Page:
Allowing Russians to own handguns would be a lucrative opportunity for arms manufacturers — a prospect that launched Butina’s rise.
Born in the Siberian city of Barnaul, Butina flirted with libertarianism and gun rights activism, and a failed political campaign got her noticed — in her words — by higher powers who pulled her to Moscow in 2011 to “bring the (gun rights) project to life.”
Those powers, according to a representative in the Russian arms industry, were billionaire transport magnate Konstantin Nikolayev and his wife, Svetlana Nikolayeva, a sport shooter and CEO of Russian gun manufacturer ORSIS. Nikolayeva, the representative said, tapped Butina to become the face of her pet project — a lobbying group that would come to be known as The Right to Bear Arms, modeled on the NRA.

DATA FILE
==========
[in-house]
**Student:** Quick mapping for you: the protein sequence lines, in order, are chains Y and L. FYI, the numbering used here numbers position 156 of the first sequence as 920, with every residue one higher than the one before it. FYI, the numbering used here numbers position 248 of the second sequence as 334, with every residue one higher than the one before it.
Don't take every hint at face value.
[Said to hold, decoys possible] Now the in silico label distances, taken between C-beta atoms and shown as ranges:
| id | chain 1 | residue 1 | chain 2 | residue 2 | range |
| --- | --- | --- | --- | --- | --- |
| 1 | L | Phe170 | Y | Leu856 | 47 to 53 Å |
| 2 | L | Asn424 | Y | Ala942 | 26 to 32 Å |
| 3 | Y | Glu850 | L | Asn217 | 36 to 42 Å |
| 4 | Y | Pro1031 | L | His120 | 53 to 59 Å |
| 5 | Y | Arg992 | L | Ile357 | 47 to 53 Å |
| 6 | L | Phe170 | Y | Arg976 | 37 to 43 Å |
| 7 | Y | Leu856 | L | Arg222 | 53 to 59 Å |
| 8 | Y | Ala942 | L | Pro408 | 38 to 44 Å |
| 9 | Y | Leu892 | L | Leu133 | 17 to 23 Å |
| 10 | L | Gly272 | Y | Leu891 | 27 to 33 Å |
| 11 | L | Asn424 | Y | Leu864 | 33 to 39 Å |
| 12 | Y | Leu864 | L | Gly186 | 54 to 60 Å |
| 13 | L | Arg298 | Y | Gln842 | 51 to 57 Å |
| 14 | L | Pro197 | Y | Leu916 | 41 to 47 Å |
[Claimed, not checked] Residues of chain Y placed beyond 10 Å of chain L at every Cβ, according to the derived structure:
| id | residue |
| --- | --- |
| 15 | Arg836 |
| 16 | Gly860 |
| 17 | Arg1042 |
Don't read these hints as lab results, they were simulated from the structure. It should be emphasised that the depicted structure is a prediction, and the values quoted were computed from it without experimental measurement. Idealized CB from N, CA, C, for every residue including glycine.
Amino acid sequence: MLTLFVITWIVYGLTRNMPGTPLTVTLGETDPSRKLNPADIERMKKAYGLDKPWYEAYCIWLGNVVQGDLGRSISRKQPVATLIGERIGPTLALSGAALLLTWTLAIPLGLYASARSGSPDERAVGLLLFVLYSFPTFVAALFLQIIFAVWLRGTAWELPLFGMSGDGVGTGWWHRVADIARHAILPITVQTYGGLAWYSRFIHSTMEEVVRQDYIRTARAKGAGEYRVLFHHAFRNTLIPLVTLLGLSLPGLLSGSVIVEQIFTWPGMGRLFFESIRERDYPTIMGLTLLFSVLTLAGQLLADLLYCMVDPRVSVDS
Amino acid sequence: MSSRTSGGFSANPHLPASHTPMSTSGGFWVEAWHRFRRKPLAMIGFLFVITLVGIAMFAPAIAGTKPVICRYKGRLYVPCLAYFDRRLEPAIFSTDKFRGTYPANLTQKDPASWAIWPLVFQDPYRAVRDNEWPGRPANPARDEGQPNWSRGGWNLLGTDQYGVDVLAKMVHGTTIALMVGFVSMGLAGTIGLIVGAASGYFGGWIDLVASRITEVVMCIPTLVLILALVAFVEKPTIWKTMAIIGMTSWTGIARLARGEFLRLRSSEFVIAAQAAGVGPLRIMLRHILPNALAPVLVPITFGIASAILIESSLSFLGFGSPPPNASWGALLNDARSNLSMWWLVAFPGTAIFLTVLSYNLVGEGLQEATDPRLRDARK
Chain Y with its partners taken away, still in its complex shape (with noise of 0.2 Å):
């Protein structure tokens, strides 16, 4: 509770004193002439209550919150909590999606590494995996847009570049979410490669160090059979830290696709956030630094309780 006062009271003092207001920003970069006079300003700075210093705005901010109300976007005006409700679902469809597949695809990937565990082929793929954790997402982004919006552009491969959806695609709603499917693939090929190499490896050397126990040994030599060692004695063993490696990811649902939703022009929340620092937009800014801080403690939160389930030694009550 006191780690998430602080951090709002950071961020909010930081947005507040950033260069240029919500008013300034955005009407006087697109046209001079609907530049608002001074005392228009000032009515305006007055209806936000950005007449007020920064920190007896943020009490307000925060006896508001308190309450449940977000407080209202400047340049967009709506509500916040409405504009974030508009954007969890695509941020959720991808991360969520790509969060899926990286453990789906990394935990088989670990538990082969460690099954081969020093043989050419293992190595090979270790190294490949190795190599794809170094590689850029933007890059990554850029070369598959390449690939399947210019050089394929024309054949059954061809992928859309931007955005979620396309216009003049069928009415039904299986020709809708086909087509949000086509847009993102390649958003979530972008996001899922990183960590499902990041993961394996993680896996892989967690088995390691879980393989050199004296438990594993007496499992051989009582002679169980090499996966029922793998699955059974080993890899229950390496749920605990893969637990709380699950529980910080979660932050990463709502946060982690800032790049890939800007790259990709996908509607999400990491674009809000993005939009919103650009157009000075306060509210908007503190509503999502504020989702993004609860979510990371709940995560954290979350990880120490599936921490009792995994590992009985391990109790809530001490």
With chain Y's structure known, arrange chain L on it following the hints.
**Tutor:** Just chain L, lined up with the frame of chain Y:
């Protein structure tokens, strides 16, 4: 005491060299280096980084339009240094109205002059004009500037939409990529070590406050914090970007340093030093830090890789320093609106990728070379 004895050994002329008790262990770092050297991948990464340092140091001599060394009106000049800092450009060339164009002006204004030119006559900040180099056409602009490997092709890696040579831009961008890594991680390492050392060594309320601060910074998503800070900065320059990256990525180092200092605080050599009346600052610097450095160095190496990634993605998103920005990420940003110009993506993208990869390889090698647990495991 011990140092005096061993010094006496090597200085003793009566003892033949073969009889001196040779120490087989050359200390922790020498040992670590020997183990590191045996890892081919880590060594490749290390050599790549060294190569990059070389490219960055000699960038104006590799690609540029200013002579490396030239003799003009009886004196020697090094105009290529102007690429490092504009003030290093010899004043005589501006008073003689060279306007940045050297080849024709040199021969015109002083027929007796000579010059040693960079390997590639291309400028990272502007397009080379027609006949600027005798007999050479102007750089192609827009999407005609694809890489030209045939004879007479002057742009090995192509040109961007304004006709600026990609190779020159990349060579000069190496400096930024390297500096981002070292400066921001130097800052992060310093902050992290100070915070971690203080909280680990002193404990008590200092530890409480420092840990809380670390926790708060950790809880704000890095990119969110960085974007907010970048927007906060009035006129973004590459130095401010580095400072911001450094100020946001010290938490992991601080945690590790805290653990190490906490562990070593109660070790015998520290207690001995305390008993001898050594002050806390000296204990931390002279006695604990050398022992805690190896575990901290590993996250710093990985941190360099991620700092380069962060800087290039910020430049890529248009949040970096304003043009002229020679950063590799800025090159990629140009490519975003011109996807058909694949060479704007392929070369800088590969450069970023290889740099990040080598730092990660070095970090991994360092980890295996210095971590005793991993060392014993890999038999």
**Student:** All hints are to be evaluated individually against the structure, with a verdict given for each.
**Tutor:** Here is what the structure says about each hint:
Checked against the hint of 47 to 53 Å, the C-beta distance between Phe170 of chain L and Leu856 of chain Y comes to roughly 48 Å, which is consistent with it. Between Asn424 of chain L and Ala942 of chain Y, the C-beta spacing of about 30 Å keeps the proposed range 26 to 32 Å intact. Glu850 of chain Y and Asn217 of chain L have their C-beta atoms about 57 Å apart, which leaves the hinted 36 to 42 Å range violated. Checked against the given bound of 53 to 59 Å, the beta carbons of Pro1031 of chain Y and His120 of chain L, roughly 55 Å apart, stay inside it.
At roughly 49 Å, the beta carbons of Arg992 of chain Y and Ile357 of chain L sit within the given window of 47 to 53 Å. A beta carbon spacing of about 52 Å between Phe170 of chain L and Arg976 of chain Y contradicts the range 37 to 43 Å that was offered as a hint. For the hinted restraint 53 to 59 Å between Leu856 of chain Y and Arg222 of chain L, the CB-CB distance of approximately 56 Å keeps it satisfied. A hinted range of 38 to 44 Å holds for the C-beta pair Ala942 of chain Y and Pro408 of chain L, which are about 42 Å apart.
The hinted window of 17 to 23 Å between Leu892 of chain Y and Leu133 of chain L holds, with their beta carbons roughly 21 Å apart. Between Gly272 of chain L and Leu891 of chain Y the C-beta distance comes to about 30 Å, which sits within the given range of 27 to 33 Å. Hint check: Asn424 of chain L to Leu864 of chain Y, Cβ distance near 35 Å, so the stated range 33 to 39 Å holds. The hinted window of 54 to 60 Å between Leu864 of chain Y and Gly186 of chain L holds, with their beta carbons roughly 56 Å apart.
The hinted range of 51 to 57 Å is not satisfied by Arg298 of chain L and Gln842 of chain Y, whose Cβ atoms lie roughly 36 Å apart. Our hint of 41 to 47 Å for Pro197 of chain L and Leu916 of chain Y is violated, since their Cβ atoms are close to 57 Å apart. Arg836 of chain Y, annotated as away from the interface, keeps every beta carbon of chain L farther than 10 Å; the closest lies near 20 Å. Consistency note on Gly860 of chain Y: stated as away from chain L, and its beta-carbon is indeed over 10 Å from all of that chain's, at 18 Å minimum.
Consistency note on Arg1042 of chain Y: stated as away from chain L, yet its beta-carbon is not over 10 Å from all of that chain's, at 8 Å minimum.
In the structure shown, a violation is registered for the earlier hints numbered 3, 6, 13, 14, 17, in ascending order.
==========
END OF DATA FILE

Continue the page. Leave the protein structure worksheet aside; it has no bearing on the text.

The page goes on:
The Nikolayevs hired a PR firm to give Butina a makeover, according to the representative, who spoke on condition of anonymity because he knows the Nikolayevs personally and he fears professional repercussions. The wonkish girl from the provinces became a charismatic spokeswoman for Russian guns.
Organizing: Boris Pashchenko, the head of a shooting club in Moscow, worked closely with Butina in those early days. “I saw (Butina’s group) at a shooting range when they first started organizing,” he told the AP. “Butina had never fired a gun before; I was the one who taught her how.”
But fellow activists said she was an effective organizer, putting together well-financed rallies and uniting disparate gun rights supporters — including opposition libertarians and pro-Putin officials. She studied the NRA’s playbook, reciting its slogans and statistics.